In September, 2013, the Chief Justice of Virginia presented Judge Trompeter with the 2012 Harry L. Carrico Career Service Award on behalf of the Judicial Council of Virginia, for demonstrating exceptional leadership in the administration of courts while exhibiting the traits of integrity, courtesy, impartiality, wisdom and humility. Judge Trompeter is the first and only district court judge in Virginia to have received this distinction.

In order to put this award into perspective for those who are not familiar with the internal intricacies of our Judicial system, this would be the equivalent of being named the MVP of the Judicial All Stars Team.

Of particular note, given this audience, he has been twice named as a Paul Harris Fellow for his service to others.

Judge Trompeter is a native of Roanoke, and he has been married to his wife, Sarina, for 36 years. They have grown children, and are very proud grandparents to Ella.

I also just learned that he is an accomplished concert pianist, as well as an avid gardener, and a certified Body Jam instructor.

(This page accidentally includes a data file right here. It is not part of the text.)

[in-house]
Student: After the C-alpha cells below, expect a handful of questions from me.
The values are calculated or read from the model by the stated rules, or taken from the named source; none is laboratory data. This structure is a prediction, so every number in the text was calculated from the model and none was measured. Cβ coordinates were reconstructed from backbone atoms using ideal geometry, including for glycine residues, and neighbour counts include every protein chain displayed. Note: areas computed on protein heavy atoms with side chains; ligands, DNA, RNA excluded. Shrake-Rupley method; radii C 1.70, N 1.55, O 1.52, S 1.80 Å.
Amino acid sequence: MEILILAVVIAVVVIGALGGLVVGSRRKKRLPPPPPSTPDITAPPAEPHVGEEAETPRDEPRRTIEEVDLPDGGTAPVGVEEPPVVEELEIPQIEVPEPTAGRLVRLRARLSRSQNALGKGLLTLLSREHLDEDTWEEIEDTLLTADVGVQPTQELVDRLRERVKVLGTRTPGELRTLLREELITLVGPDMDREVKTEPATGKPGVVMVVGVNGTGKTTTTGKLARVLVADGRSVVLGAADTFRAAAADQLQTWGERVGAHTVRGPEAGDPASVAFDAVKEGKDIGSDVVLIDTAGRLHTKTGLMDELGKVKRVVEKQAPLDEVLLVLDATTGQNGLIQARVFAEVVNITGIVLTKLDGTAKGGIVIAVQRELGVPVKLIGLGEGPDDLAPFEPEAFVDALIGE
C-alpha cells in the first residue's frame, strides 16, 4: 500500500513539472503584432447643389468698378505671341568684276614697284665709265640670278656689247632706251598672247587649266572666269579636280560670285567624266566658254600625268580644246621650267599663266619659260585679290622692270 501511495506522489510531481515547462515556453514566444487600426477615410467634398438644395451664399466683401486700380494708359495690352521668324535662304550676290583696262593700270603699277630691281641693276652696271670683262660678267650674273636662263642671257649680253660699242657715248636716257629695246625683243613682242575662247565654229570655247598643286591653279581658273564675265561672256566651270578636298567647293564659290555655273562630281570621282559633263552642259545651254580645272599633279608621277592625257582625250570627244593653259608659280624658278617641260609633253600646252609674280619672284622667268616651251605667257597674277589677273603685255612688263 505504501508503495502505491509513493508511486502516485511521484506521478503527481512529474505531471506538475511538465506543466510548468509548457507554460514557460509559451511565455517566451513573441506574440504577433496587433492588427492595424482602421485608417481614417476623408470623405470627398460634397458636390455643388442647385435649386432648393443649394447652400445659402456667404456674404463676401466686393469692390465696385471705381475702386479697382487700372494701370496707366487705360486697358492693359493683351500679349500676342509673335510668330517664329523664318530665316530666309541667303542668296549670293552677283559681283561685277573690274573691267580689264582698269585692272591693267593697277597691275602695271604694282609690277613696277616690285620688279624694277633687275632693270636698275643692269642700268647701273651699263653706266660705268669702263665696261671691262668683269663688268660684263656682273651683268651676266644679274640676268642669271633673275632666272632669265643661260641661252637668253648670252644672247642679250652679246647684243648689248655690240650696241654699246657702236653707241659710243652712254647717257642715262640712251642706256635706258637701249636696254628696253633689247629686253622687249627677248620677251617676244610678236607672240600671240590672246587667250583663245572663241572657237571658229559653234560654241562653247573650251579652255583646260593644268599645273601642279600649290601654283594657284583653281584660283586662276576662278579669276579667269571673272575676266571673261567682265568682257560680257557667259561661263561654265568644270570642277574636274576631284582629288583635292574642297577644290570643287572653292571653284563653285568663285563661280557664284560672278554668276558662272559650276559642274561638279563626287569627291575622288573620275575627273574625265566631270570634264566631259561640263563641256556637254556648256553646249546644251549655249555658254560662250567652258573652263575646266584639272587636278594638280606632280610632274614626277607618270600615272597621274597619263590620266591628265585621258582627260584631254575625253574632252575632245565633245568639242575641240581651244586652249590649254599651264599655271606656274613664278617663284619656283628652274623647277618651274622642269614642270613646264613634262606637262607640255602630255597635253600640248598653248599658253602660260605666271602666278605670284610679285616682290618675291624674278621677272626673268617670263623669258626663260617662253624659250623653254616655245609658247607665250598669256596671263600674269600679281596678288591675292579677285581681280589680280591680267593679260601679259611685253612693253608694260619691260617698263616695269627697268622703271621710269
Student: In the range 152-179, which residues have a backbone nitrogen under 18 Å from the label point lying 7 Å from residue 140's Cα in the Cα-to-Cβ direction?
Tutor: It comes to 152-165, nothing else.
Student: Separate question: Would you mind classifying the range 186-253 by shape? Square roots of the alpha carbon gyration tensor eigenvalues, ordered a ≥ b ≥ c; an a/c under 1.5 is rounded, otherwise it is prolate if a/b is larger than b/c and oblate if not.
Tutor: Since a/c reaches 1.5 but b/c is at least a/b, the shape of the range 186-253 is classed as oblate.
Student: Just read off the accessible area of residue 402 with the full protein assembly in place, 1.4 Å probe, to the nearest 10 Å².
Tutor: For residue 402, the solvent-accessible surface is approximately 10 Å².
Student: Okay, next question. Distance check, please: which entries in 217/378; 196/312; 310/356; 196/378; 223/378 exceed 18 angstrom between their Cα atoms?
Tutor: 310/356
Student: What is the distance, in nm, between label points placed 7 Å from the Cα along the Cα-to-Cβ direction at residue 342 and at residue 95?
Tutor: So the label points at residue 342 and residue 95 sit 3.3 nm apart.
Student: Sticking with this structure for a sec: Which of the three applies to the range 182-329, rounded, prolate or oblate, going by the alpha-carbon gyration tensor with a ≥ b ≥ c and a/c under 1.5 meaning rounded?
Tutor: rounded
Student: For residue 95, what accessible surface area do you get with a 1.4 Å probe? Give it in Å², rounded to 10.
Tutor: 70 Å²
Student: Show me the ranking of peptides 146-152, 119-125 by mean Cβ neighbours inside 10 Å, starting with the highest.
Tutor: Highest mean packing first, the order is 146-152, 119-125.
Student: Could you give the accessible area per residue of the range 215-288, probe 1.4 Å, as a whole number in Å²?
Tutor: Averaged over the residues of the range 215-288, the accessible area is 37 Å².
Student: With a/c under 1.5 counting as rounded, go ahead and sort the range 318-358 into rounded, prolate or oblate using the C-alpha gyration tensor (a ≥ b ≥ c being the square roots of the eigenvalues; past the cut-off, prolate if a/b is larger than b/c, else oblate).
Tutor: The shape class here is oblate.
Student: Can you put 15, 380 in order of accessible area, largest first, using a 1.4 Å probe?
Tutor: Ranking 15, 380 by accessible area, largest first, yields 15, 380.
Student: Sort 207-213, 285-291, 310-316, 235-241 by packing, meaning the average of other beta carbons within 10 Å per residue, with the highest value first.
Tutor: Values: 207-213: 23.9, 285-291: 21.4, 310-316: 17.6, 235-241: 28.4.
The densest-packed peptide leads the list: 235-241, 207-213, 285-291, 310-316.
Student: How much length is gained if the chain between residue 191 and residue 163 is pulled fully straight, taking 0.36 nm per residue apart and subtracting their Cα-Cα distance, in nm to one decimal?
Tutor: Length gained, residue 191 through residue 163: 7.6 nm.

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That outstanding list of accomplishments and awards alone is enough to warrant this honor, but that’s not the primary reason for it. That list is tangible evidence of a wonderful, involved, caring and compassionate person who is totally committed to improving the lives of individual children, families, and thus our community.

I have known Phil and worked in courtrooms over which he presided for over 30 years, and during that time, came to know a “good man”. He doesn’t just hear the evidence, make a decision, and move on to the next case, which is all he is required to do. He goes way beyond that to try and fashion a solution to “help” a troubled youth or family. His caring attitude inspires those who work with him to also do the very best job they can. I know that I have learned to be a better person because of my association with him.

In short, his good, caring and compassionate character manifested in his good deeds is what earned him this award. He truly epitomizes our motto of “Service Above Self” and Paul Harris’ directive “to do good in the world”.

It is my pleasure and honor to present our 2014 Out Standing Citizen, Philip Trompeter, who will speak to us now.

We commend Mark’s committee on making an excellent selection.